It is not often I share links from the Daily Mail but I have to share this article from Jamie Carragher – “English players are weak… we think we are making them men but we’re creating babies” – an excellent piece on the failure of the English national team. In particular, this quote stood out for me:
“Why can’t the elite of English football cope with these moments? Is this what the academies are breeding? Players no longer think for themselves — ‘You didn’t ask me,’ is one of the most used sayings a coach or manager will hear. In those moments, you can’t keep looking over to the bench for guidance or instructions. You make your own decisions. You shouldn’t need to be told ‘do it’ — it should just come naturally that you ‘do it’.”
The importance of instinct and critical thinking in decision making cannot be understated. I think the weakness highlighted by Carragher – people not being able to think for themselves – is not limited to football. From our education system to the development of people in the corporate world, the fostering of individual thinking is not high on the agenda.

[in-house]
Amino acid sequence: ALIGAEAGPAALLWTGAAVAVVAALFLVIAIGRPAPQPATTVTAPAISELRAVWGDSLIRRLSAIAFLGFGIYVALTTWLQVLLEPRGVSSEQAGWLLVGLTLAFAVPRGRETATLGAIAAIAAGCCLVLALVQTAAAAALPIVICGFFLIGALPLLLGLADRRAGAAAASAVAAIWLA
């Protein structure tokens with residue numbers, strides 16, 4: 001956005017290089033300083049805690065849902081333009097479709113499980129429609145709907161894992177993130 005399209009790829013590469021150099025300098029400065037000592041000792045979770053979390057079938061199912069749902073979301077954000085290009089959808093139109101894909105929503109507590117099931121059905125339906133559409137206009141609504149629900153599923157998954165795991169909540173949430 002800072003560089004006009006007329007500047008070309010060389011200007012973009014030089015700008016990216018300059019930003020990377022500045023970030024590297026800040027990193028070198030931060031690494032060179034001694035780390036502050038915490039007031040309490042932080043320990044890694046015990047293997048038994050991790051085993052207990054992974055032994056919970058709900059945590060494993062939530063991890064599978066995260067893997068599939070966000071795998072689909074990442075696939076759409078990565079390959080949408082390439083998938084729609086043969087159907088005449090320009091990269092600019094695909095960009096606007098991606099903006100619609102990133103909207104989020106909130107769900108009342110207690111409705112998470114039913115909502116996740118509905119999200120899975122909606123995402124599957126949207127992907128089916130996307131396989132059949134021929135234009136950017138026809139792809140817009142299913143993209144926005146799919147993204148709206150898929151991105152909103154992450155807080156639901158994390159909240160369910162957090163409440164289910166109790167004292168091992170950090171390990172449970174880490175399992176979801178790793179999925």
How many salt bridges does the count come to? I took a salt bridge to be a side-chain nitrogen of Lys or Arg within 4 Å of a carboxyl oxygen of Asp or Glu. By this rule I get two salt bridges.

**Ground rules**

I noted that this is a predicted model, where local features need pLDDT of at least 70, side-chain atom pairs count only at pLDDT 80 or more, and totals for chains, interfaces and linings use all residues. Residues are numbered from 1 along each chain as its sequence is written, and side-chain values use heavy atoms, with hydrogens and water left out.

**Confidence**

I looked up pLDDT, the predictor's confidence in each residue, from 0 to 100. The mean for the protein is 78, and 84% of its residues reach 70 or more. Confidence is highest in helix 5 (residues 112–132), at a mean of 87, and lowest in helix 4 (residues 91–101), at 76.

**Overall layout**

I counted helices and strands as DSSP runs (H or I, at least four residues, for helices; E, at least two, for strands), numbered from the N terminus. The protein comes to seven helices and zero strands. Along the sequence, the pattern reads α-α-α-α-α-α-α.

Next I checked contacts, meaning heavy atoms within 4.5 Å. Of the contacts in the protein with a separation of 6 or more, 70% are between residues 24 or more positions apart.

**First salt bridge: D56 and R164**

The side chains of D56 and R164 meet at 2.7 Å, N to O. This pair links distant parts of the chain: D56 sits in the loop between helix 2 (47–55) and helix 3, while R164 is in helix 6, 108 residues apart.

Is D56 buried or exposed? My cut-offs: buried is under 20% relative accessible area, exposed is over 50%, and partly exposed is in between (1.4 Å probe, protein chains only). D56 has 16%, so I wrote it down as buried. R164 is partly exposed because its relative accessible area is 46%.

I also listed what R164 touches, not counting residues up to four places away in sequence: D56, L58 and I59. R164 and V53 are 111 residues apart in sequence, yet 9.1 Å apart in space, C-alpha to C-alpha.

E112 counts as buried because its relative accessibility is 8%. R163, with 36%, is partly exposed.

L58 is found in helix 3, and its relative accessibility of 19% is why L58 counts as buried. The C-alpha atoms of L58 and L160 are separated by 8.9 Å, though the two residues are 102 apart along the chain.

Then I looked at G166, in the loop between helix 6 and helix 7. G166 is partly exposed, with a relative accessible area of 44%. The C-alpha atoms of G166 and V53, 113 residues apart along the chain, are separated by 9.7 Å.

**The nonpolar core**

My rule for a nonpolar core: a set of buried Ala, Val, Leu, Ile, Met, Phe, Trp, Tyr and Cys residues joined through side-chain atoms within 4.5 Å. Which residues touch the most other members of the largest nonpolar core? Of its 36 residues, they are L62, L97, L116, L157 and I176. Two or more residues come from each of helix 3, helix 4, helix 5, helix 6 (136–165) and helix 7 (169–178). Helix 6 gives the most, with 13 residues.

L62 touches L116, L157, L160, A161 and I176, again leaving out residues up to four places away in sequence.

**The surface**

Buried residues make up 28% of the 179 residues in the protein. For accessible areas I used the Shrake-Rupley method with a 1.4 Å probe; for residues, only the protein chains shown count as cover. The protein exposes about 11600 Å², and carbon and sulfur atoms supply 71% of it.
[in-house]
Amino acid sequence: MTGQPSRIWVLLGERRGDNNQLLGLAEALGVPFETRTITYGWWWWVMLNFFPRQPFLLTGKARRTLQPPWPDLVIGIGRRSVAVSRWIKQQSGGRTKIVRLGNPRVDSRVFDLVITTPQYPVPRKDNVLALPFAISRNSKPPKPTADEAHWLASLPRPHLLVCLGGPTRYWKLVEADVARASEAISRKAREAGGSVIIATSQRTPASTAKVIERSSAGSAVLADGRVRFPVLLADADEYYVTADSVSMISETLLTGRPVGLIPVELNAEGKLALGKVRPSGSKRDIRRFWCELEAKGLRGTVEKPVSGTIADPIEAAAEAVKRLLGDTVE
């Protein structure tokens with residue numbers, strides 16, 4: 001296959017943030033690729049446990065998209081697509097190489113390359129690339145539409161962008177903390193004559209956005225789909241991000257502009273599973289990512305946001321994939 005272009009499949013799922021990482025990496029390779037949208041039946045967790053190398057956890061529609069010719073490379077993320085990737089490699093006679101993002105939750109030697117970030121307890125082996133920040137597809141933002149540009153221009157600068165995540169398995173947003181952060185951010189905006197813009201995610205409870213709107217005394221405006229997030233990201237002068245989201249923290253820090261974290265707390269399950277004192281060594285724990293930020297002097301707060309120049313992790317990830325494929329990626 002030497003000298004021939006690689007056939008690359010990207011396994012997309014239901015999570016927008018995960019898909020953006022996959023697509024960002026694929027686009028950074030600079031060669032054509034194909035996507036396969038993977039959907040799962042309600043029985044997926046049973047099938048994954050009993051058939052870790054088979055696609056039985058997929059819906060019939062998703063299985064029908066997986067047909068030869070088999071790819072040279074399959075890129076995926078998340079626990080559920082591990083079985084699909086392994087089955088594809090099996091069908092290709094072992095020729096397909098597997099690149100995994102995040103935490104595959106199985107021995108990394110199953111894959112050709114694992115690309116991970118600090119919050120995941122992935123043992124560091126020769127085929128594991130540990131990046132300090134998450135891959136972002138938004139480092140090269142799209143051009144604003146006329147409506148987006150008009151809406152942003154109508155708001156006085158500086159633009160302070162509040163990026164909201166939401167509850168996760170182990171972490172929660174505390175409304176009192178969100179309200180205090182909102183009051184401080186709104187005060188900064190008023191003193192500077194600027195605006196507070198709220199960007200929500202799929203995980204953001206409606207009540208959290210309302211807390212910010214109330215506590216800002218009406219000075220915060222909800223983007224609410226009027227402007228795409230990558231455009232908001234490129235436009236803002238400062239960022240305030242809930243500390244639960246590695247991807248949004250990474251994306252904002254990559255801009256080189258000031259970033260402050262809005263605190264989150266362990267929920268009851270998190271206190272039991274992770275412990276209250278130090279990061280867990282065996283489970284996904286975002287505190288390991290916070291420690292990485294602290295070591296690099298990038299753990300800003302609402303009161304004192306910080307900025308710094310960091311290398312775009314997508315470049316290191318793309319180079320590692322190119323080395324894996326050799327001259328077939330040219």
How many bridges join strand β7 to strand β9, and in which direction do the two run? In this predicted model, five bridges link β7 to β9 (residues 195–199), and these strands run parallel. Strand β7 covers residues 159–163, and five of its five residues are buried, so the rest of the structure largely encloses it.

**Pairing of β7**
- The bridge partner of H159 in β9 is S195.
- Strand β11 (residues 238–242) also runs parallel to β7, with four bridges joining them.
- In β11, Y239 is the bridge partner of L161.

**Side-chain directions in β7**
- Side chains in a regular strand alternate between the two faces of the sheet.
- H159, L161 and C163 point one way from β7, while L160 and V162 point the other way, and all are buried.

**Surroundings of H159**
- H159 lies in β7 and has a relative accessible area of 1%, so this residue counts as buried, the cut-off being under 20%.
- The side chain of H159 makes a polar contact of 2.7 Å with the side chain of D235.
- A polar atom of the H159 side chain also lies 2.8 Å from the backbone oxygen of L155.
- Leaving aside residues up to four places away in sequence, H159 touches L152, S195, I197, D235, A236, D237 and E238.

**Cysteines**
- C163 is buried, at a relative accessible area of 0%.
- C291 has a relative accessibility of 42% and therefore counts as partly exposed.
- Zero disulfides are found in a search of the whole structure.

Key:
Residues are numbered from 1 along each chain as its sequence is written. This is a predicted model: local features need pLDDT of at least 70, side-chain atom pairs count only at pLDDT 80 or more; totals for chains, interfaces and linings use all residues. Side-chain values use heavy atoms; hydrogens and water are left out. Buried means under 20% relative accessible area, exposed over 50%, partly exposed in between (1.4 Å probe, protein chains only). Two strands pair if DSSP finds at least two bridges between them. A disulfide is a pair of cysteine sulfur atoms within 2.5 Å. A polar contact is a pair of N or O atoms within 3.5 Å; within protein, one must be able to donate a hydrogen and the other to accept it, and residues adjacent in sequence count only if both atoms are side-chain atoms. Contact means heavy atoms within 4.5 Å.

The point Carra made in his article reminded me of the story from former IBM Chairman Thomas J. Watson, Jr., who wrote that:
“In IBM we frequently refer to our need for ‘wild ducks.’ The moral is drawn from a story by the Danish philosopher, Soren Kierkegaard who told of a man who fed the wild ducks flying south in great flocks each fall. After a while some of the ducks no longer bothered to fly south; they wintered in Denmark on what he fed them. In time they flew less and less. After three or four years they grew so lazy and fat that they found difficulty in flying at all. Kierkegaard drew his point: you can make wild ducks tame, but you can never make tame ducks wild again. One might also add that the duck who is tamed will never go anywhere any more. We are convinced that any business needs its wild ducks. And in IBM we try not to tame them.”
In a world of tame ducks, it is not always easy to remain a wild one.